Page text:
How to deal with rent arrears

Rent arrears

Loss of rent is a massive concern for landlords. It can affect their ability to pay their mortgage and have a devastating impact on their business.

Even if a tenant misses a payment, landlords are still legally obliged to honour their side of the tenancy agreement. However, landlords do have rights when dealing with rent arrears, as outlined below.

Housing Act 1988

The Housing Act 1988 is the rule-book containing the legal responsibilities and statuary rights of both the landlord and tenants. While it offers guidance and stipulates what conditions can be included in a tenancy agreement, it does not form a contract itself.

To set up a contract, you will need to sign a tenancy agreement with your tenant. The most common agreement is an Assured Shorthold Tenancy (AST). The tenancy agreement forms a legal contract between two parties, and normally specifies the terms of the tenancy including:

  • Names of all people involved
  • Length of tenancy
  • Amount of rent due
  • Information on rent reviews
  • Tenant and landlord obligations

Be careful when determining what’s included in your agreement. If it’s in conflict with the rights contained in the Housing Act 1988, your agreement will be invalid. The rights in the Housing Act cannot be overwritten. However, this is the opportunity to lay out clear stipulations about when and how you expect to receive regular rent.

What counts as arrears?

The National Landlords Association offers helpful guidance on mitigation strategies for dealing with late or missed rental payments. This includes identifying short-term fixes and assessing tenant options. If these methods fail, you can start legal proceedings to gain possession of your property.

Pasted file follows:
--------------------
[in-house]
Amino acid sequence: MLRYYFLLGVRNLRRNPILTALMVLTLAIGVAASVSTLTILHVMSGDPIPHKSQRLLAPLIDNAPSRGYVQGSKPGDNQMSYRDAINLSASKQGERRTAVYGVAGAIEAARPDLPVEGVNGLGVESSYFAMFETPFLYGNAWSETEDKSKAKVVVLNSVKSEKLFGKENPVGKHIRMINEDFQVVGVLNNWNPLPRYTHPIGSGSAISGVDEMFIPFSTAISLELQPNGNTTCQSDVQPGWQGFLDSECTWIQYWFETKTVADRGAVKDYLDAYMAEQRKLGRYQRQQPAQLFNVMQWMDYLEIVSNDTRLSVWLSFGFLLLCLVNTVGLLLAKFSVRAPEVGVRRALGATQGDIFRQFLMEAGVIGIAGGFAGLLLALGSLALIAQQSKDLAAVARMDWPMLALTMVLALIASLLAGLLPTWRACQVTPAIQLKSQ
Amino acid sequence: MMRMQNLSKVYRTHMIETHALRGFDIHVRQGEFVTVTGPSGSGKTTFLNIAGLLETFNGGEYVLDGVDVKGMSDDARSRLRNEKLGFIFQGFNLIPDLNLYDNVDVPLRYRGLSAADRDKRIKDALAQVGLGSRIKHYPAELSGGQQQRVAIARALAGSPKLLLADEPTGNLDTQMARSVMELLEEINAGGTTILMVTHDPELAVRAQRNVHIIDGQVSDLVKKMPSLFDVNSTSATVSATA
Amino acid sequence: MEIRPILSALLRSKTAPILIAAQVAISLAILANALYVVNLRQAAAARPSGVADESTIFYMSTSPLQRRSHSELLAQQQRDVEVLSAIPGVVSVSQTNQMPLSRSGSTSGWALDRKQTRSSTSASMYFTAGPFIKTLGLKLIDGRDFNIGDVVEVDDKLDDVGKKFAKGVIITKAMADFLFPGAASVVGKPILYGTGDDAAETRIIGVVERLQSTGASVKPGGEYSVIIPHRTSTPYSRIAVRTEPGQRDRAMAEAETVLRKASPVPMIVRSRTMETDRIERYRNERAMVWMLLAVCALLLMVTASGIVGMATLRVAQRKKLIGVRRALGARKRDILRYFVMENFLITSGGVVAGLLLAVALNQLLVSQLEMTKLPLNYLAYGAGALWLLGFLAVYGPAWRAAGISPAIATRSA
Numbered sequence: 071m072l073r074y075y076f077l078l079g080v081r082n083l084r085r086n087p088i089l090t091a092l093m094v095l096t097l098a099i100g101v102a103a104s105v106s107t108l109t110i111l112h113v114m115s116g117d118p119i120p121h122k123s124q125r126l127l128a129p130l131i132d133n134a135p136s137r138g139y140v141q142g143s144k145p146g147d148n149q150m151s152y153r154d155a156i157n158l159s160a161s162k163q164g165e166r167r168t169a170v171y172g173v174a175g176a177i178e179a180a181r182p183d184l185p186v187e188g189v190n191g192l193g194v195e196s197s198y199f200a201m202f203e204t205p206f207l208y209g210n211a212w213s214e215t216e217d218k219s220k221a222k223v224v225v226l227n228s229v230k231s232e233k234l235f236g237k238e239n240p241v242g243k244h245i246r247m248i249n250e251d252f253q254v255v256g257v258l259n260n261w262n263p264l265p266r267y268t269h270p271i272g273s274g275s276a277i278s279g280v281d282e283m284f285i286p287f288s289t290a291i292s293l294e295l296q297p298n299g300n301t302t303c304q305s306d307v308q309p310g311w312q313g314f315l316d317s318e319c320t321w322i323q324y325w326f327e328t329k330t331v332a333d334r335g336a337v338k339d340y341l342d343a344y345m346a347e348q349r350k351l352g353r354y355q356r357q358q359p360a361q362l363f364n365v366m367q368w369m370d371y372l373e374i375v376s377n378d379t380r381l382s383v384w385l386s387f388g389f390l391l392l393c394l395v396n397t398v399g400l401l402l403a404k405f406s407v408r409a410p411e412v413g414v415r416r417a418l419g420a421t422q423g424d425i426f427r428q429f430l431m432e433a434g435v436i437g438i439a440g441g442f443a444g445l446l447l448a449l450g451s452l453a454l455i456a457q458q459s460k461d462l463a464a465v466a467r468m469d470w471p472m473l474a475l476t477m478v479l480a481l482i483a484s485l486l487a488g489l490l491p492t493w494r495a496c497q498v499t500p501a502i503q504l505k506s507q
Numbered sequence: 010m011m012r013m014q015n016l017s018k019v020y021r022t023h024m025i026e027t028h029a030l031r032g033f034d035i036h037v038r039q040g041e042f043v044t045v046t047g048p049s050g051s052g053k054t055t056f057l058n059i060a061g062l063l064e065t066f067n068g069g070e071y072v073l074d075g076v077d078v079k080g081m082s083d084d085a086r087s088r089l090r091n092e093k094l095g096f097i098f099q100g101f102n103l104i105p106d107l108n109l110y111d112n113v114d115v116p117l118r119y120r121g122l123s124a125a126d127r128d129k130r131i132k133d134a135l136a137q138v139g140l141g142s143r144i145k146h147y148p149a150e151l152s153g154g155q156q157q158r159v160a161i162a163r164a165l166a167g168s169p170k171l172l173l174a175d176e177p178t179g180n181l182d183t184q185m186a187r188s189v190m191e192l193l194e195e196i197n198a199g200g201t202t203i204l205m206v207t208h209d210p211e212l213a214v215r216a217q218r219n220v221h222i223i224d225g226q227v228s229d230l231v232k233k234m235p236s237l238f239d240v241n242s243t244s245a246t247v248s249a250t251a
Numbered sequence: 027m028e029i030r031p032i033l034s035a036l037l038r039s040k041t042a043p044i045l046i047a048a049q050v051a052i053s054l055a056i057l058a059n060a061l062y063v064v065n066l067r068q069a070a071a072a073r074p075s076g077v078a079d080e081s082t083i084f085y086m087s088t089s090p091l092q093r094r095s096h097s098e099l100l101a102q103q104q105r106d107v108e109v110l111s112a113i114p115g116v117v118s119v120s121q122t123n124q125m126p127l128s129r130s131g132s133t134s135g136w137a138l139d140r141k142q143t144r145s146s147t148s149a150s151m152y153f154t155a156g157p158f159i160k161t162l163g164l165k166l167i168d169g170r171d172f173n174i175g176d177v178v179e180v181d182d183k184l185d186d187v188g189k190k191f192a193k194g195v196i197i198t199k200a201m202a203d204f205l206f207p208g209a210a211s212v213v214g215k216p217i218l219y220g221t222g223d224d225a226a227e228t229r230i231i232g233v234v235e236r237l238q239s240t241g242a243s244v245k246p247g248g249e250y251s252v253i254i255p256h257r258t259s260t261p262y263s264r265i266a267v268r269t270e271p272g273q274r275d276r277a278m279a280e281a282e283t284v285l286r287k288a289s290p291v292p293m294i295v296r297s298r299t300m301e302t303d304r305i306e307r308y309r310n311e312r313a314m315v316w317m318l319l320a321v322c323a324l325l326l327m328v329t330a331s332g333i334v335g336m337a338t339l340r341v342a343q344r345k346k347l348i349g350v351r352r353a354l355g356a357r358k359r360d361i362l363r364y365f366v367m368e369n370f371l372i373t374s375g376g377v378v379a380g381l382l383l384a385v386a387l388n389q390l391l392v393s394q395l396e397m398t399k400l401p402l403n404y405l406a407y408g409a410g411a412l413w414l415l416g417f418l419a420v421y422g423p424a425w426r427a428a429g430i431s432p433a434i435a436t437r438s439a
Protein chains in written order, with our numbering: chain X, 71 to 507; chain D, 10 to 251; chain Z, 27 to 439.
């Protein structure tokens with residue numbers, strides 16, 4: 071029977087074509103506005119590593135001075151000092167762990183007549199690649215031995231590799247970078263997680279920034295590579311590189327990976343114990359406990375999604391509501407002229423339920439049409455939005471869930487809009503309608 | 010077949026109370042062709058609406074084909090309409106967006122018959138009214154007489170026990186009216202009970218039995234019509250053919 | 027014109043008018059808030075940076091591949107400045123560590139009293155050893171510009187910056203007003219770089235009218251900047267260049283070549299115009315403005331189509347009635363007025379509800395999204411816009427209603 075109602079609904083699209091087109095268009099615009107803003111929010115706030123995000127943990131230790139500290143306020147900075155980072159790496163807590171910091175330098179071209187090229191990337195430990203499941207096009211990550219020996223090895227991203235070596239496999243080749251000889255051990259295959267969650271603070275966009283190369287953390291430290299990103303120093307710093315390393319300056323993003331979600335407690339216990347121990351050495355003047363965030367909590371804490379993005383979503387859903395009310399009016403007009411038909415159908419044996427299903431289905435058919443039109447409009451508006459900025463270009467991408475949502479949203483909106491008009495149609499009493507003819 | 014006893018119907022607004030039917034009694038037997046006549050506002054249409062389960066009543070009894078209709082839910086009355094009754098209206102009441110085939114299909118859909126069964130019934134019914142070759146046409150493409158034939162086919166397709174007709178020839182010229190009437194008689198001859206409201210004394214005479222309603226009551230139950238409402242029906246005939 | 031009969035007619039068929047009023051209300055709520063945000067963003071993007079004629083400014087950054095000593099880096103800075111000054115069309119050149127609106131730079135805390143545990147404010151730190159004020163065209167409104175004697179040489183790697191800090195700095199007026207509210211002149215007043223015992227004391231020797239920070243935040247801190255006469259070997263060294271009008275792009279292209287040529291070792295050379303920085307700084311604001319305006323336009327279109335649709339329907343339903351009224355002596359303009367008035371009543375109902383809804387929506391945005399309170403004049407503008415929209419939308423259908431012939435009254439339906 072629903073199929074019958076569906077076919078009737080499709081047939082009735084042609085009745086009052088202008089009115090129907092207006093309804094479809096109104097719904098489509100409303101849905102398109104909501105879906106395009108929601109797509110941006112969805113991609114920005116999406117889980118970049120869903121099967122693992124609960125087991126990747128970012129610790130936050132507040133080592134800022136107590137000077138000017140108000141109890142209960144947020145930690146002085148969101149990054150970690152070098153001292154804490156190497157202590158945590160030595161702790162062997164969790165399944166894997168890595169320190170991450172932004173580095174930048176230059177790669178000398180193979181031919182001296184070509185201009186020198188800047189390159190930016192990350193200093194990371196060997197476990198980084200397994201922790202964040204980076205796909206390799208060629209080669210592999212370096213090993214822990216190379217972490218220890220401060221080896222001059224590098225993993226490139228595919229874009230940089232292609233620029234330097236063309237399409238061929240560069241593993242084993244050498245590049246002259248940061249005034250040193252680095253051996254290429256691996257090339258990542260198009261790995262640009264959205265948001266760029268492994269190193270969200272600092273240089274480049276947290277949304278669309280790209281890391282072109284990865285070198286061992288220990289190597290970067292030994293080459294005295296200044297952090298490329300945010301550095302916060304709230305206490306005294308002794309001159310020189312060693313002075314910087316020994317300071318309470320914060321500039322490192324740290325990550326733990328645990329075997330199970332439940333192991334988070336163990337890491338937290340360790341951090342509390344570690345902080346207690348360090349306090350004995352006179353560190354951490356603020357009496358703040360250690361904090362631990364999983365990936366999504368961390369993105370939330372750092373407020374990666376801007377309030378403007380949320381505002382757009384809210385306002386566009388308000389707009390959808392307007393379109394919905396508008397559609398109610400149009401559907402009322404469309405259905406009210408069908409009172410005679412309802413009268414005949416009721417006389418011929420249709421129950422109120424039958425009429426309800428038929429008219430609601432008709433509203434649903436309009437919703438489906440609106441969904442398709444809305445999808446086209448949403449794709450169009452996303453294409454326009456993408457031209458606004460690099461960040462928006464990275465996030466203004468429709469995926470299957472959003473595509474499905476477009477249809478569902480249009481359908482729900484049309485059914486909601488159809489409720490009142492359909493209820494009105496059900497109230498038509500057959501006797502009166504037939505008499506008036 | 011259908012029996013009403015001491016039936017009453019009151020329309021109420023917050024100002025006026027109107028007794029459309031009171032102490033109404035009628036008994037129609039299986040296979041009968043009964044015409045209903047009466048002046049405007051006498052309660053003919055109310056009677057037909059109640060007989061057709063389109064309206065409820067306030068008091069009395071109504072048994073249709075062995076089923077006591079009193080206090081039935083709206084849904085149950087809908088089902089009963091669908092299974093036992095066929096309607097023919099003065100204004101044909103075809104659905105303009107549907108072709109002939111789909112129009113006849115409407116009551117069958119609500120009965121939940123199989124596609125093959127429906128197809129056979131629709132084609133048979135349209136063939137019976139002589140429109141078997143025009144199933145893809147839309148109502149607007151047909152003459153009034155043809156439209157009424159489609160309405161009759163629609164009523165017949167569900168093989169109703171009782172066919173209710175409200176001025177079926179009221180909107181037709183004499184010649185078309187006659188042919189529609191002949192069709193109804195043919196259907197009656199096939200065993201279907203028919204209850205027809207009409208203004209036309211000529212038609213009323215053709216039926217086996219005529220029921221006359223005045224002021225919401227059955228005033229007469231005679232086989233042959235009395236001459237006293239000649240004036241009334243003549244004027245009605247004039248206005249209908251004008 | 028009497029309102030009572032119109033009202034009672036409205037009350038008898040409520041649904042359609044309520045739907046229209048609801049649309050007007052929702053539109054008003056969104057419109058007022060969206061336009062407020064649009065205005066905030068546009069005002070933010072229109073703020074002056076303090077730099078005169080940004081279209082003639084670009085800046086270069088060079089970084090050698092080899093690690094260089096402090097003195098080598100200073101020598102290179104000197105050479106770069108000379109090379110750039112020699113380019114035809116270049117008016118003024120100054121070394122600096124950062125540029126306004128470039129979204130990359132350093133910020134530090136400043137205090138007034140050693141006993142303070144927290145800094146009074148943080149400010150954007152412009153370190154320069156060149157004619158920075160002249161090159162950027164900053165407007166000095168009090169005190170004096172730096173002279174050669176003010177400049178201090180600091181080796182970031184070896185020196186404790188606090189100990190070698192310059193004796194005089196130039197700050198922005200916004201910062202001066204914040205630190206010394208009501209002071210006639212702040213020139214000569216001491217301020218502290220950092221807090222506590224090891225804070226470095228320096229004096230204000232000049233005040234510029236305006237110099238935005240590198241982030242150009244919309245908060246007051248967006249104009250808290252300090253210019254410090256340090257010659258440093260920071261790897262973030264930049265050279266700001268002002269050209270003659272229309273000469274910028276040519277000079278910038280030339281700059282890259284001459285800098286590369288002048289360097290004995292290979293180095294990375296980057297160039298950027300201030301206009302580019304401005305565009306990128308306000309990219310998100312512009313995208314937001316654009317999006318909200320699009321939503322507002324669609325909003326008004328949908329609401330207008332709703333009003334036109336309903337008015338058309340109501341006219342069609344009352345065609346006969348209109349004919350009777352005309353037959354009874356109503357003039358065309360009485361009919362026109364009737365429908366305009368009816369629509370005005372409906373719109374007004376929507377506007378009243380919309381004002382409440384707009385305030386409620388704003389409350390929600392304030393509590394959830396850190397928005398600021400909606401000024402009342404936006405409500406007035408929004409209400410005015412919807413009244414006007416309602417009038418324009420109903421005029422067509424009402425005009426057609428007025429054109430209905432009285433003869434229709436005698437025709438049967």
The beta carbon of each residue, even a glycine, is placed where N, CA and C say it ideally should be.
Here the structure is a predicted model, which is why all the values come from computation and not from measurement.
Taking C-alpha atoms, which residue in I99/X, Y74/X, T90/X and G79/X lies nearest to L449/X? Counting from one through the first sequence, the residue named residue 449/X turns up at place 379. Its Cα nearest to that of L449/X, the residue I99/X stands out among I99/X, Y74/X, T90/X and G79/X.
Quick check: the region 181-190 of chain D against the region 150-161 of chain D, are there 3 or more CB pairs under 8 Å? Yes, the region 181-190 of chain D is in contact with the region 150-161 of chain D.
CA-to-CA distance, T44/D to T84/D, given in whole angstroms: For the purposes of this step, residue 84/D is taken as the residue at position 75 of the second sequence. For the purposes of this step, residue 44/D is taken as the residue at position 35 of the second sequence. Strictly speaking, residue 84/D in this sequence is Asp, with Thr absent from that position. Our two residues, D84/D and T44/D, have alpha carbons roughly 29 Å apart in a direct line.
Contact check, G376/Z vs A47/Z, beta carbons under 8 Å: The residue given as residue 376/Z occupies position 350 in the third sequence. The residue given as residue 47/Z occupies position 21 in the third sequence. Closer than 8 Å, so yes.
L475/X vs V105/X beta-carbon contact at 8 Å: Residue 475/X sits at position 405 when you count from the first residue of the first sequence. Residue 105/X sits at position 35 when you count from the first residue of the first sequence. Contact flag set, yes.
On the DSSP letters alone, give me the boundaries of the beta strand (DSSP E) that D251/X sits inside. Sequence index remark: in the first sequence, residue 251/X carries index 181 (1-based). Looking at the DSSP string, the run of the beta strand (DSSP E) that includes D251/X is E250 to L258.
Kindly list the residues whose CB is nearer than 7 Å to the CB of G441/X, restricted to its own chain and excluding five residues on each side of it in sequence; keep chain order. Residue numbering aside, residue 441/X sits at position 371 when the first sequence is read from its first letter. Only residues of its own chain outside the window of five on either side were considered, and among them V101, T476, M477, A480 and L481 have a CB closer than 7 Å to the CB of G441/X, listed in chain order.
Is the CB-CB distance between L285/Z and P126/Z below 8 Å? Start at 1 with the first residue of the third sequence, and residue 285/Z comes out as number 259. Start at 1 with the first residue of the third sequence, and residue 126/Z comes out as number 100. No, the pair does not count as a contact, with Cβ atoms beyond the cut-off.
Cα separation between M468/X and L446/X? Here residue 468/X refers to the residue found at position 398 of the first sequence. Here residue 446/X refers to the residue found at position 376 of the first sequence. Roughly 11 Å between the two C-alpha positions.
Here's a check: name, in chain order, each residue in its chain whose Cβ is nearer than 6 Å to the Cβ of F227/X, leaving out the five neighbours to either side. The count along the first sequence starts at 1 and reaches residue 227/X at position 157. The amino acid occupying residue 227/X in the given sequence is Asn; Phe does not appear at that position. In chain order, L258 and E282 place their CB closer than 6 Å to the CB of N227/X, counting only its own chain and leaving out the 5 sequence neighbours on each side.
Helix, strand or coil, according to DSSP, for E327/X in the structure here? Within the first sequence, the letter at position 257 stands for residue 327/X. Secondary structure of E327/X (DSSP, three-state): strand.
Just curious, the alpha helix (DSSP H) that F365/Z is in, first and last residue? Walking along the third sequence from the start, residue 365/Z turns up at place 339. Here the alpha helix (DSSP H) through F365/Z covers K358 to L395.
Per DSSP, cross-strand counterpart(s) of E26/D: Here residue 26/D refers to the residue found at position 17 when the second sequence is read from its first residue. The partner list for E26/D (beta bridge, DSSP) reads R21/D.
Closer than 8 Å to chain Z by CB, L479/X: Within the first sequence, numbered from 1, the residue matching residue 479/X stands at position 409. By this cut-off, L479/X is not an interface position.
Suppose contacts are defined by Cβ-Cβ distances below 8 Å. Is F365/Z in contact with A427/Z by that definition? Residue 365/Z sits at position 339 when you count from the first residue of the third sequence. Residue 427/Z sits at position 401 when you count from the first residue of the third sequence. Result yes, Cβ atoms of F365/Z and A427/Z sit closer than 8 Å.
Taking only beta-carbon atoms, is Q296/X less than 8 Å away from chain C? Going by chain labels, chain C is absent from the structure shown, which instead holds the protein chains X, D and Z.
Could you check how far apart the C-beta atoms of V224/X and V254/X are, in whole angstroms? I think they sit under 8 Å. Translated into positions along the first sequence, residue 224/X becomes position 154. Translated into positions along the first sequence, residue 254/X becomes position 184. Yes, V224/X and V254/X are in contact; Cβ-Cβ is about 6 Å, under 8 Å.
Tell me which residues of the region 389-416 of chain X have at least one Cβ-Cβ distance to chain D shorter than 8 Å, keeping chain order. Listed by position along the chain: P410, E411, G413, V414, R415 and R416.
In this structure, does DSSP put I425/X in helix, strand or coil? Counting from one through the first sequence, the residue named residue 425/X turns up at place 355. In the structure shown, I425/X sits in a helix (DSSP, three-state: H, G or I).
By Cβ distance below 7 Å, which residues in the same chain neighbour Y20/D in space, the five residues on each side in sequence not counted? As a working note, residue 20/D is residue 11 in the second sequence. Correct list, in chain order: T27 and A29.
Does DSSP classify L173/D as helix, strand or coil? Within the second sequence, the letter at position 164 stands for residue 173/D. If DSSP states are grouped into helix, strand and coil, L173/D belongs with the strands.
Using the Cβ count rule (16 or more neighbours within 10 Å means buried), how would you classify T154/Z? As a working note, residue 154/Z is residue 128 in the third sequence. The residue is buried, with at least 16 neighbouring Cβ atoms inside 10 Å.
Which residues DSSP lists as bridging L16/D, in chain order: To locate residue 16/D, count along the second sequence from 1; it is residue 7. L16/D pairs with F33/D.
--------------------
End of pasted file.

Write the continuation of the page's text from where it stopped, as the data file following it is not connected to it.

The specific time at which a notice can be served will depend on your rent arrangements:

  • If rent is paid weekly or fortnightly, the tenant must owe at least eight weeks’ rent
  • If rent is paid monthly, the tenant must owe at least two months’ rent
  • If rent is paid quarterly (more common in commercial properties), at least one month’s rent must be overdue by at least a quarter
  • If rent is paid annually, at least one quarter’s rent must be at least one quarter overdue.


Section 8 Possession Notice

Once it has been established that a tenant has breached the terms of their tenancy agreement (such as rent arrears), you can issue a Section 8 Possession Notice, so called as because it operates under Section 8 of the Housing Act. The notice is served by a landlord wishing to regain possession of a property during the fixed term of a tenancy.

The notice states that the landlord intends to seek possession of the property, and on what ground or grounds the possession is sought. The Housing Act 1988 lists 17 grounds on which a landlord may seek possession, including unpaid rent. The notice you give depends on which terms they’ve broken, and which grounds you are issuing the notice on, but is normally around two months.

Possession Order and Warrant of Possession

If your tenant refuses to leave on the date specified in the notice, you will need to apply to the court for a standard Possession Order.  If your tenant still refuses to leave by the date given in the court order, you will need to apply for a Warrant of Possession. The court can arrange for bailiffs to then evict the tenant. The whole processes can take around six months.

Protection from Eviction Act

It is imperative that you follow the correct procedures, or you can be found guilty of harassing or illegally evicting your tenants. Changing locks without a Possession Order is a criminal offence under the Protection from Eviction Act, and is punishable by fine or imprisonment. It is recommended you seek advice when pursuing legal proceedings.

Buy-to-Let Landlords

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